Given the notoriously icy "editrix" of US Vogue Anna Wintour once dismissed Sienna Miller as "toothy", it seems unlikely that she was crying into her designer water yesterday following the news that her fierce rival at French Vogue is to stand down.
Carrine Roitfeld, who became editor of the magazine in 2001, surprised the fashion world yesterday with the announcement of her departure from one of the most prestigious jobs in the industry. She will continue at the magazine until the end of January, which marks the 10th anniversary of her tenure there, but after that, according to Jonathan Newhouse, the chairman of Vogue publishers Condé Nast, she "plans to step down in order to take her life and work in a new direction".
While in charge of French Vogue Roitfeld made it the standard bearer for edgy Parisian cool. Roitfeld, 56, is a huge figure in the fashion industry in her own right. During her decade at the magazine, she has been celebrated for both her editorial work and her own personal style, thanks to an increasing focus on what fashion editors wear themselves.
Though the magazine has a much smaller audience than US Vogue, it is considered to be more cutting-edge, with a tougher, sexier aesthetic.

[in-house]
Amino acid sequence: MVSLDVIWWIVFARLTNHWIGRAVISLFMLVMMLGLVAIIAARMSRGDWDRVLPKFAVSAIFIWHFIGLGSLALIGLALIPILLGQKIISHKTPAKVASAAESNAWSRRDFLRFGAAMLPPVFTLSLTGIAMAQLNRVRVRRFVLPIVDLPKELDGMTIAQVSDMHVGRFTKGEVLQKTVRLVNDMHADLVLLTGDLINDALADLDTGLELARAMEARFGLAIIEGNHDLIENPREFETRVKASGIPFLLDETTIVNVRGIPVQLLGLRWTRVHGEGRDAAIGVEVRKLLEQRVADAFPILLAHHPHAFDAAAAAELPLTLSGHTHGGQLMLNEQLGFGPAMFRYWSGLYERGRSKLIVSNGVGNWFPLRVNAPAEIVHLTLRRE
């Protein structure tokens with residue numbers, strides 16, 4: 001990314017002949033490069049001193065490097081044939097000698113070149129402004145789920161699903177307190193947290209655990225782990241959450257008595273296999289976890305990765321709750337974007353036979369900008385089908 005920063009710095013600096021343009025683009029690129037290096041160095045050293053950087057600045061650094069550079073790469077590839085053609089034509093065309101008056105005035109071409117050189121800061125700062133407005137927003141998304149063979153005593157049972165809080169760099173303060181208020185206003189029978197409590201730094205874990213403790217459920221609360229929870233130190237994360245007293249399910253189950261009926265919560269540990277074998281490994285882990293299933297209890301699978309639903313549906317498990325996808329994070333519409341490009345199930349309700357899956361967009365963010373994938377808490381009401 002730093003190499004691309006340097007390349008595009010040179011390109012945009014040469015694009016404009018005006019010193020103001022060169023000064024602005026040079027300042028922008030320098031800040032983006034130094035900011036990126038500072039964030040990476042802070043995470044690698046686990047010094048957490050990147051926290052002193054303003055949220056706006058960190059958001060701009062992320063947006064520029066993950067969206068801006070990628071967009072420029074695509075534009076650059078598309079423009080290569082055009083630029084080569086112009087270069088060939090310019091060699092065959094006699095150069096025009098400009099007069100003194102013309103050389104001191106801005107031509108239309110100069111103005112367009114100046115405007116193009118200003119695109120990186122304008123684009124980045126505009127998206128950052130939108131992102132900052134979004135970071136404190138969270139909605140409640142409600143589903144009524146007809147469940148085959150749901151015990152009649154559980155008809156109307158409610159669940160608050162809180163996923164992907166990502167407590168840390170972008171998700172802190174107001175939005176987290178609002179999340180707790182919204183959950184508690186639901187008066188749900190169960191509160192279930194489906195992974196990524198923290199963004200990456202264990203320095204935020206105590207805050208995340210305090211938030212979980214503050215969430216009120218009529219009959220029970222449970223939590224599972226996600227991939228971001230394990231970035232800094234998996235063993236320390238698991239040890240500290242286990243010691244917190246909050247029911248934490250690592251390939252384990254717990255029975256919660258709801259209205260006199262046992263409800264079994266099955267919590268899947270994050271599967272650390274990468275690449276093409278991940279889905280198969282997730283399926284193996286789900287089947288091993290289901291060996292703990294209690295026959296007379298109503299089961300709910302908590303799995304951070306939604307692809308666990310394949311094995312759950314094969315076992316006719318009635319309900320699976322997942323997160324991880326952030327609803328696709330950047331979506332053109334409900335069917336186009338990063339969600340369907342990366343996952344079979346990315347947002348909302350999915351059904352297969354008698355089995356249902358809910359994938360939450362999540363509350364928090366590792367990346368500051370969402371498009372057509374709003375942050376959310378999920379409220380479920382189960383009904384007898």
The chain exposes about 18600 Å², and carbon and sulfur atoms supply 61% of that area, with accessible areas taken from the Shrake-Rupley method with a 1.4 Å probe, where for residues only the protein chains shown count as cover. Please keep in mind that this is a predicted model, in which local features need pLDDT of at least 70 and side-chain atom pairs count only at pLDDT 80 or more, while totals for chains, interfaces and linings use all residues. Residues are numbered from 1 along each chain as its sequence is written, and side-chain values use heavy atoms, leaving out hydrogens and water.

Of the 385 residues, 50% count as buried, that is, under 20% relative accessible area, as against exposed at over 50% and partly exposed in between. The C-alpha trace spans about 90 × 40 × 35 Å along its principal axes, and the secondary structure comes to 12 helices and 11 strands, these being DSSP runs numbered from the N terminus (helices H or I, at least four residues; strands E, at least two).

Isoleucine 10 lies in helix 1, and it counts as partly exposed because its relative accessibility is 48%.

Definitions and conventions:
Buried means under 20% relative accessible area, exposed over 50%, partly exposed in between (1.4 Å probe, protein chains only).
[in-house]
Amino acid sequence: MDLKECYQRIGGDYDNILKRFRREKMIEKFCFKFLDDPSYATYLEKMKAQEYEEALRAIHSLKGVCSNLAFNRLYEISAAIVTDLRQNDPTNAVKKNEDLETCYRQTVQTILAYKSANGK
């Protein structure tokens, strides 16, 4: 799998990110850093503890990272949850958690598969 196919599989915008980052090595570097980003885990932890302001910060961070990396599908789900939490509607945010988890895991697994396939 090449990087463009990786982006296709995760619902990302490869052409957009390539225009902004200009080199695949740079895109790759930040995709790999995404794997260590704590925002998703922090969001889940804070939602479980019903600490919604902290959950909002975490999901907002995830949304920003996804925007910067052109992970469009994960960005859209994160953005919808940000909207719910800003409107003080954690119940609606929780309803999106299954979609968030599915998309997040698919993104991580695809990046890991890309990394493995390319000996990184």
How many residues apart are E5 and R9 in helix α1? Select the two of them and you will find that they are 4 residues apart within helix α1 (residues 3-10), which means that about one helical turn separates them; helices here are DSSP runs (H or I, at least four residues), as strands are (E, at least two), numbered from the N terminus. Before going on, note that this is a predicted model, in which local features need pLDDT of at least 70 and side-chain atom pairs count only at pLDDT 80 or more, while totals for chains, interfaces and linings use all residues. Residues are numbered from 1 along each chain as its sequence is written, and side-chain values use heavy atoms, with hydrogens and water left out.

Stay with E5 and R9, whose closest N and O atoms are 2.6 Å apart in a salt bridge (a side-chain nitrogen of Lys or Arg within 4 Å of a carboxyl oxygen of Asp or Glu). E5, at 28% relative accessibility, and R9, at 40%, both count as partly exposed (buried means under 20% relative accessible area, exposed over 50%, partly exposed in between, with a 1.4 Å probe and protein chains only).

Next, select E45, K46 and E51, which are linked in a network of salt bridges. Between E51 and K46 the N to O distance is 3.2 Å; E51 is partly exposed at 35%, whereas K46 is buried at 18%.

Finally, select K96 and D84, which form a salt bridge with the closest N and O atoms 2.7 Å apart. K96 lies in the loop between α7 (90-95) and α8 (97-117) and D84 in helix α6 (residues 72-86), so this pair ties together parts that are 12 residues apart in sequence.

Inevitably, as Roitfeld's status has grown, comparing her to US counterpart Anna Wintour has been something of a sport. In an interview in 2007, Roitfeld said: "The ultimate Vogue to do would be the American Vogue, because it's huge."
In 2008 rumours swirled that Roitfeld was poised to replace Wintour, with New York Magazine referring to Roitfeld as "The Anti Anna".
The contrast in the pair's personalities is particularly noticeable: while Wintour sweeps into fashion shows wearing a stern expression behind her trademark large sunglasses, Roitfeld is frequently to be seen smiling and chatting with her equally skinny and stylish editorial team.
Then there are their respective wardrobes. While Wintour favours a polished ladylike look, Roitfeld goes for a more rock-and-roll approach to dressing. She favours an artfully dishevelled hairstyle and smoky black eyeliner, while Wintour's signature bob never has a hair out of place.
Roitfeld's entrée into the fashion industry came in her late teens, as a model, and working for French Elle, but it was in the 90s that she had a major impact as part of a dream team of image-makers – working with designer Tom Ford at Gucci, and the photographer Mario Testino, who shot the brand's influential ad campaigns.
A statement on British Vogue's website said that Roitfeld has now decided to concentrate on personal projects. In an interview with the New York Times she said: "I think it's time to do something different."
Condé Nast has said that her replacement will be announced "in the coming weeks", a subject already of furious speculation in the fashion world.